Twas the night before Christmas and there was no tree.
The son and daughter-in-law’s plan was to get the tree on the weekend before Christmas, a day or so before we arrived from 800 miles away, but that was the weekend of the ice storm and so the outing to get a tree didn’t happen.
We arrived at their Vermont home late Sunday night, after the ice was done forming, but the back roads were still a bit iffy. Besides, we’d stopped a lot, including at Niagara Falls (who can resist showing Really Big Water to a three-year-old?), so our Sunday drive made for a very, very long day. And, although getting a tree was on the Monday agenda, planning and shopping for the communally cooked meals for the next few days seemed more important. That took all our first-day energy.
That is how picking up a Christmas tree got delayed till the day before Christmas, which is, after all, a traditional time to put up a tree.
The problem was, all the Christmas trees in the outdoor lots–and all Christmas trees growing in fields, and all trees, period–were gorgeously glazed with ice and snow. Pretty to look at outdoors but as soon as you took them indoors they would become a melting mess. And so the plan was to go to one of the big-box stores and pick up a sheltered, dry tree.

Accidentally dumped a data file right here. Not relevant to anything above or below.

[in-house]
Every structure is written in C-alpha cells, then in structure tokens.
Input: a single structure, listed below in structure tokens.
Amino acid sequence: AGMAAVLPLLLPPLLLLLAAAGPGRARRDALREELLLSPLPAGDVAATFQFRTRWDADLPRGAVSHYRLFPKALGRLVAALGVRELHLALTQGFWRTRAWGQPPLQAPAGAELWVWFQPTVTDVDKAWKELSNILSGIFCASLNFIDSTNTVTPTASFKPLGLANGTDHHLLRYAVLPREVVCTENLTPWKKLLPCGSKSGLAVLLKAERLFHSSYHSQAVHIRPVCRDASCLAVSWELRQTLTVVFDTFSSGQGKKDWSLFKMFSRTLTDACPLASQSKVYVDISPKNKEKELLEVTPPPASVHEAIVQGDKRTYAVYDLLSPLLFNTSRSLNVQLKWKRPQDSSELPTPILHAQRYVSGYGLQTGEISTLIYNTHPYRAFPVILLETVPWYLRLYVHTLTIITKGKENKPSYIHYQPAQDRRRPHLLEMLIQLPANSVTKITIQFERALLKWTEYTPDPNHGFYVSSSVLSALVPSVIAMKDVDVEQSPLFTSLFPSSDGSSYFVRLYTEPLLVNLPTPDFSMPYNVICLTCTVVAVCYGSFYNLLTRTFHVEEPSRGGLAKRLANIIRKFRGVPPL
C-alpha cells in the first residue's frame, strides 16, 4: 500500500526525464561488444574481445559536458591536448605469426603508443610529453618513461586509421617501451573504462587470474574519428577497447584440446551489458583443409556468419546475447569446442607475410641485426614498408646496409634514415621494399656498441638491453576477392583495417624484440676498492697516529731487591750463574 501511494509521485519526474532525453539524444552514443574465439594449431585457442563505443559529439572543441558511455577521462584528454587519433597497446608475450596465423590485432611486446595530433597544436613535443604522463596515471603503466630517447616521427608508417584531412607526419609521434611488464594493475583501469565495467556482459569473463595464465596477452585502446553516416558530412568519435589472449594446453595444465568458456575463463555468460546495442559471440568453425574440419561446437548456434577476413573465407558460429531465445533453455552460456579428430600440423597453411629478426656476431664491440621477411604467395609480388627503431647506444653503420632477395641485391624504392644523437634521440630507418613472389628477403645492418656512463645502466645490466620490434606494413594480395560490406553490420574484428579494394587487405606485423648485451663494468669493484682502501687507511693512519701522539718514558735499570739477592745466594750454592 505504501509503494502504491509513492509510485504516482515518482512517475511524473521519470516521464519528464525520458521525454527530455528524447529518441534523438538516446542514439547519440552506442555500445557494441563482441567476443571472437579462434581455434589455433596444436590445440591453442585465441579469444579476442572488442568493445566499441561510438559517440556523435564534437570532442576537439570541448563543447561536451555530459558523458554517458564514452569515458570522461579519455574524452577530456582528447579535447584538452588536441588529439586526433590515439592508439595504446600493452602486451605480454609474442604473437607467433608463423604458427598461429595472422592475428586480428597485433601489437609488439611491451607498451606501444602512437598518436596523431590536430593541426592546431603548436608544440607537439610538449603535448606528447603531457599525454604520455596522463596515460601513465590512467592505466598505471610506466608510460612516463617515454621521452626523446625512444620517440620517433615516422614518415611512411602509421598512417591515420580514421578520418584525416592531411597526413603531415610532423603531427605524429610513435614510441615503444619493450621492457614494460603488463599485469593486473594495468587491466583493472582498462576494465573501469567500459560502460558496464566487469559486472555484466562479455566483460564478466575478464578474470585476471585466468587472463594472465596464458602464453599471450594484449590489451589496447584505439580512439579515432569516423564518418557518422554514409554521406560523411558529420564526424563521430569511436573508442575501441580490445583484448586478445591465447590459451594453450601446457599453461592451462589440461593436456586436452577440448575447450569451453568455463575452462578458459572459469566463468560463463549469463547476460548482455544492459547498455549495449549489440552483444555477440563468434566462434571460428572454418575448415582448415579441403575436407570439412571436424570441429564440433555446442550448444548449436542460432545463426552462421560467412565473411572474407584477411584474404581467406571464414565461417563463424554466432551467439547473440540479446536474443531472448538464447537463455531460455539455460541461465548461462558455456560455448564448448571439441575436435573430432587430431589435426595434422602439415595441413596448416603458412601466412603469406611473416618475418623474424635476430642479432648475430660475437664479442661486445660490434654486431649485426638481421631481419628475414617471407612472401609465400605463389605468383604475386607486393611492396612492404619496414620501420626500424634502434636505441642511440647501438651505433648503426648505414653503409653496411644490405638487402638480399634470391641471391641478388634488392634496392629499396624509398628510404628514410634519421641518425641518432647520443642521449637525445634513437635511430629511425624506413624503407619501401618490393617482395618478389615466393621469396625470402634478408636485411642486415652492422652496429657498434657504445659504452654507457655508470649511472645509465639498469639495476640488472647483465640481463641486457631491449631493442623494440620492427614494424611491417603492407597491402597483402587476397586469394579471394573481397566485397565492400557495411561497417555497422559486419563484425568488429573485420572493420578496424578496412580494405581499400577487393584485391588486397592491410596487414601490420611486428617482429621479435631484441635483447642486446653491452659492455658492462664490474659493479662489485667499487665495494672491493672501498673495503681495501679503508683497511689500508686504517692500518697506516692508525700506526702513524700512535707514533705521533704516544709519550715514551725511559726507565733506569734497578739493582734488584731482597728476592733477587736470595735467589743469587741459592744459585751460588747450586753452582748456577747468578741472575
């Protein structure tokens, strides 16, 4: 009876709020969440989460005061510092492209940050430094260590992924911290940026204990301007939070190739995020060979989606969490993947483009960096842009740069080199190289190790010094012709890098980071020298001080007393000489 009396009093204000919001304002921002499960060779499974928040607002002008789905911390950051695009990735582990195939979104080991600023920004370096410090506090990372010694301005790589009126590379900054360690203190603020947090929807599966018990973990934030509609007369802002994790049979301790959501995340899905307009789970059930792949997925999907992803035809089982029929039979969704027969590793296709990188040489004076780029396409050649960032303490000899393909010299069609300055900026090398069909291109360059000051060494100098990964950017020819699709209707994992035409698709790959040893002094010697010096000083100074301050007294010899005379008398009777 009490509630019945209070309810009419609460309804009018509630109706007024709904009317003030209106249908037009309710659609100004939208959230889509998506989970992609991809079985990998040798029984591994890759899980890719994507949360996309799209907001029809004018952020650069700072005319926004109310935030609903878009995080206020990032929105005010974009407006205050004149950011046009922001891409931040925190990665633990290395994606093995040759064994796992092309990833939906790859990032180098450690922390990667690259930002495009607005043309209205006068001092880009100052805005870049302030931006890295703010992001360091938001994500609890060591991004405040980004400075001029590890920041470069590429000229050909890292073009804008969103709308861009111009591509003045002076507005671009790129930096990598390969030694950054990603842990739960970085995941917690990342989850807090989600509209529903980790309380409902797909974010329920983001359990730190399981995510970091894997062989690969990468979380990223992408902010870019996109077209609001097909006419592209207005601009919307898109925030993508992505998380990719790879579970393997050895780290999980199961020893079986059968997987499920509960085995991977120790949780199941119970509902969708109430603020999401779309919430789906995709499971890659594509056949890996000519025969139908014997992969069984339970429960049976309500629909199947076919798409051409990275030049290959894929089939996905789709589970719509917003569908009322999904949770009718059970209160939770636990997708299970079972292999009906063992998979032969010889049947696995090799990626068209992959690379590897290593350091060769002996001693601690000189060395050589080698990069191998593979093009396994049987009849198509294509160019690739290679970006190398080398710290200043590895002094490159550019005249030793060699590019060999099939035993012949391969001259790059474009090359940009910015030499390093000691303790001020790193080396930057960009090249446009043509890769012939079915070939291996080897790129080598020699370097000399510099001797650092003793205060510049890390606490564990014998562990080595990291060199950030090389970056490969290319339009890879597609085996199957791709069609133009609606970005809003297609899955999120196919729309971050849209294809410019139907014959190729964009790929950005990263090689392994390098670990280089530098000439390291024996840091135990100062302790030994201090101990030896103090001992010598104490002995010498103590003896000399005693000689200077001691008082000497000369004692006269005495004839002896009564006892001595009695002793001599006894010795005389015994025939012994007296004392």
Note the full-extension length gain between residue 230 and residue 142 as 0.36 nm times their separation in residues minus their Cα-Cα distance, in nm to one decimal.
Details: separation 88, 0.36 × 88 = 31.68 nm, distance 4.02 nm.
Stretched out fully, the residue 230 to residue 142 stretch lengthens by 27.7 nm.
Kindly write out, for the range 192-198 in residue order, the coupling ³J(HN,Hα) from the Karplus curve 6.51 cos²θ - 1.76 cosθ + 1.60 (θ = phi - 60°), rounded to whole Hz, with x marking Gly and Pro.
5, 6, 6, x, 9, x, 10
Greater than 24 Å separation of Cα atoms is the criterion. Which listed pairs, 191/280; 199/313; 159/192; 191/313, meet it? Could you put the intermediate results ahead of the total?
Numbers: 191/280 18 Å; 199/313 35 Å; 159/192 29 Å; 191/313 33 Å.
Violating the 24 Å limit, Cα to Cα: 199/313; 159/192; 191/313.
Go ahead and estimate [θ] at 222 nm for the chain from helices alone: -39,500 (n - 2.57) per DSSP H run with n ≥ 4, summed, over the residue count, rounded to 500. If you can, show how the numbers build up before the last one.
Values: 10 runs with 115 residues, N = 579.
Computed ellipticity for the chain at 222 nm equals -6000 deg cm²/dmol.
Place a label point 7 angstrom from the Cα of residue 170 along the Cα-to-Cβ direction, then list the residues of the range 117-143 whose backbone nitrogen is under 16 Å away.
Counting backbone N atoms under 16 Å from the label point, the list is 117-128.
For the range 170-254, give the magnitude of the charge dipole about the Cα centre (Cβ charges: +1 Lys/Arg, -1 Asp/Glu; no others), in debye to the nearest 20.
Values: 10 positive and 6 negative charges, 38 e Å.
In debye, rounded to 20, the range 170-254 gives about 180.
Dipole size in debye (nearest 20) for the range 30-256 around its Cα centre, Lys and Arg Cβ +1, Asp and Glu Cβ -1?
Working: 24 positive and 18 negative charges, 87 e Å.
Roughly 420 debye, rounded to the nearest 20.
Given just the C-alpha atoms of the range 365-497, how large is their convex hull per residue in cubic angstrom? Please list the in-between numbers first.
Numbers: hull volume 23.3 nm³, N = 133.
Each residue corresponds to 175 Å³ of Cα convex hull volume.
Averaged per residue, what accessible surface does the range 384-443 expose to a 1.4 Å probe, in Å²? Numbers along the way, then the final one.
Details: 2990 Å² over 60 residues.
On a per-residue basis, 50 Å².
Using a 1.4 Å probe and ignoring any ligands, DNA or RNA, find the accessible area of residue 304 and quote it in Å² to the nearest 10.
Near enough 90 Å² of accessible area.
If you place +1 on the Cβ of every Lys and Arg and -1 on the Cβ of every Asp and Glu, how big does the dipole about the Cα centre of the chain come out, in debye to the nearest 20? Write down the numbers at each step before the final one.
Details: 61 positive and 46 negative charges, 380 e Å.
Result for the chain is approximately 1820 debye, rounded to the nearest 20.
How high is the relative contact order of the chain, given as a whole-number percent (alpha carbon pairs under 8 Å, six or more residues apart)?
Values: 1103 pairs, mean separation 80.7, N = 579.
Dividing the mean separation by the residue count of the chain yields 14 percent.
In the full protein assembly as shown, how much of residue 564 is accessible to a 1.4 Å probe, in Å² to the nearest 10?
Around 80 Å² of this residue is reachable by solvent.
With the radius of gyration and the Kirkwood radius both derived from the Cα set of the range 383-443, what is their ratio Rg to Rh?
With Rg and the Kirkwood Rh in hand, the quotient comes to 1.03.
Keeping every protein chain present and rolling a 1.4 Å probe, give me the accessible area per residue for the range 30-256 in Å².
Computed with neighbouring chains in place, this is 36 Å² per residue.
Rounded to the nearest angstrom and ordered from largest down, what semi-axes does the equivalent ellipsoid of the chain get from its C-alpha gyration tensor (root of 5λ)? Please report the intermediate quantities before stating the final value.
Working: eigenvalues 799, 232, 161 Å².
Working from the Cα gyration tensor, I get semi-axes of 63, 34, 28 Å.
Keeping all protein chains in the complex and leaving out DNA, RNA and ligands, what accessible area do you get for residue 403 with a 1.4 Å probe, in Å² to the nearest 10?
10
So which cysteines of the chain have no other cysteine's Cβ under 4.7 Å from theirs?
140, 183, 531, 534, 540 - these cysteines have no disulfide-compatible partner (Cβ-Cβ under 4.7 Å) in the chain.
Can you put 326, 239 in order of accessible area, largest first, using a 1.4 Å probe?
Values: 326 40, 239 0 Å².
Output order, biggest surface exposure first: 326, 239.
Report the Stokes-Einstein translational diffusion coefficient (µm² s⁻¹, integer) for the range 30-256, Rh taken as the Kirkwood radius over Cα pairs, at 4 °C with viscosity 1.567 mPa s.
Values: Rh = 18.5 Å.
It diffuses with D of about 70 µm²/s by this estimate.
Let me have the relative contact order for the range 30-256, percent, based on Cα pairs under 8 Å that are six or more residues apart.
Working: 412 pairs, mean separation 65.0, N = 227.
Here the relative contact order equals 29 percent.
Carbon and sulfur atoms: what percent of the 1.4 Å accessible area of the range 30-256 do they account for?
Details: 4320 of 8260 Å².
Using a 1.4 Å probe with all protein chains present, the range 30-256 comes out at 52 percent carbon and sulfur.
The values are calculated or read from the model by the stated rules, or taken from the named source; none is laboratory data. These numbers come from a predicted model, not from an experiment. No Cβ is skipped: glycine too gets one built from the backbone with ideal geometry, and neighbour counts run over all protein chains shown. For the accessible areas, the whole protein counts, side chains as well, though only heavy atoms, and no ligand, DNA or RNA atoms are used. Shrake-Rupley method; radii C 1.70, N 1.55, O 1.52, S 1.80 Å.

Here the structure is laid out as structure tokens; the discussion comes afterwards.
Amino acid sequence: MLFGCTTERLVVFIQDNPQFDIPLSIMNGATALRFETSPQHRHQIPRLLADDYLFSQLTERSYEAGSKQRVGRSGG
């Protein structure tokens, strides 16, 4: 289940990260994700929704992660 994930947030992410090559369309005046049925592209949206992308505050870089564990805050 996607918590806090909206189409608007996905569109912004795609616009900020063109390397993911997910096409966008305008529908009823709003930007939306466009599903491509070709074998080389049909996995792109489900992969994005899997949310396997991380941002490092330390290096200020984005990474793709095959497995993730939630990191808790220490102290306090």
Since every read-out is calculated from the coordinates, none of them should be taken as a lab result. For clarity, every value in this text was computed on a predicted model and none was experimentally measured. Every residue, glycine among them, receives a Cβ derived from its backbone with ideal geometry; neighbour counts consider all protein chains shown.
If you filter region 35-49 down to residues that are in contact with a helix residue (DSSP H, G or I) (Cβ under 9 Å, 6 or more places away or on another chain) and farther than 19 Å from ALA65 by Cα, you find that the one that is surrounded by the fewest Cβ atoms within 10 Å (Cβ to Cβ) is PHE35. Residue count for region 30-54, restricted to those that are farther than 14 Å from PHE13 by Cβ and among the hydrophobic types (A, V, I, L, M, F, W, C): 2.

Before everyone else was up Christmas Eve morning, Vic and I set out to find such a tree at such a place. But many other people had had the same idea and the stores were all out of trees. We picked up two 99-cent wreaths and some flowers and returned to a delicious breakfast of Swedish pancakes, prepared by daughter-in-law Linnea.
Meanwhile, everybody else had also been thinking about the tree dilemma and, smarter than us, had called around rather than driven around and learned there were no trees to be had. But Linnea had also called a local florist and located balsam branches.
So after breakfast the young folks went out, brought back boughs of balsam, and, after much discussion of vases and holders and other means to improvise a tree, assembled an impressive, bush-like arrangement and brought it in to the living room.
While Linnea decorated the “tree” with the “help” of the three-year old, son-in-law Joseph put garlic chicken in the oven and Grandpa and Grandma relaxed and stayed out of all discussions and decisions. Some of the family adjourned to naps and computers.
All of the essential ornaments–though none of the heavy ones–were in place except for two little owls. When the first owl went on the tree, the whole arrangement tipped over, came apart, and spilled water all over the presents.
At this point all available persons helped with the cleanup, the encouragement, and the ideas for restructuring. In short order we had reassembled an arrangement, less artistic but more stable than the first one. Linnea remarked, “Well, this one really does look like a Charlie Brown Christmas.” She posted a picture on Facebook and somebody commented it looked like it was asking for a hug.
But it would do. Outside the trees and bushes bore their own frigid ornaments of berries, ice, and snow.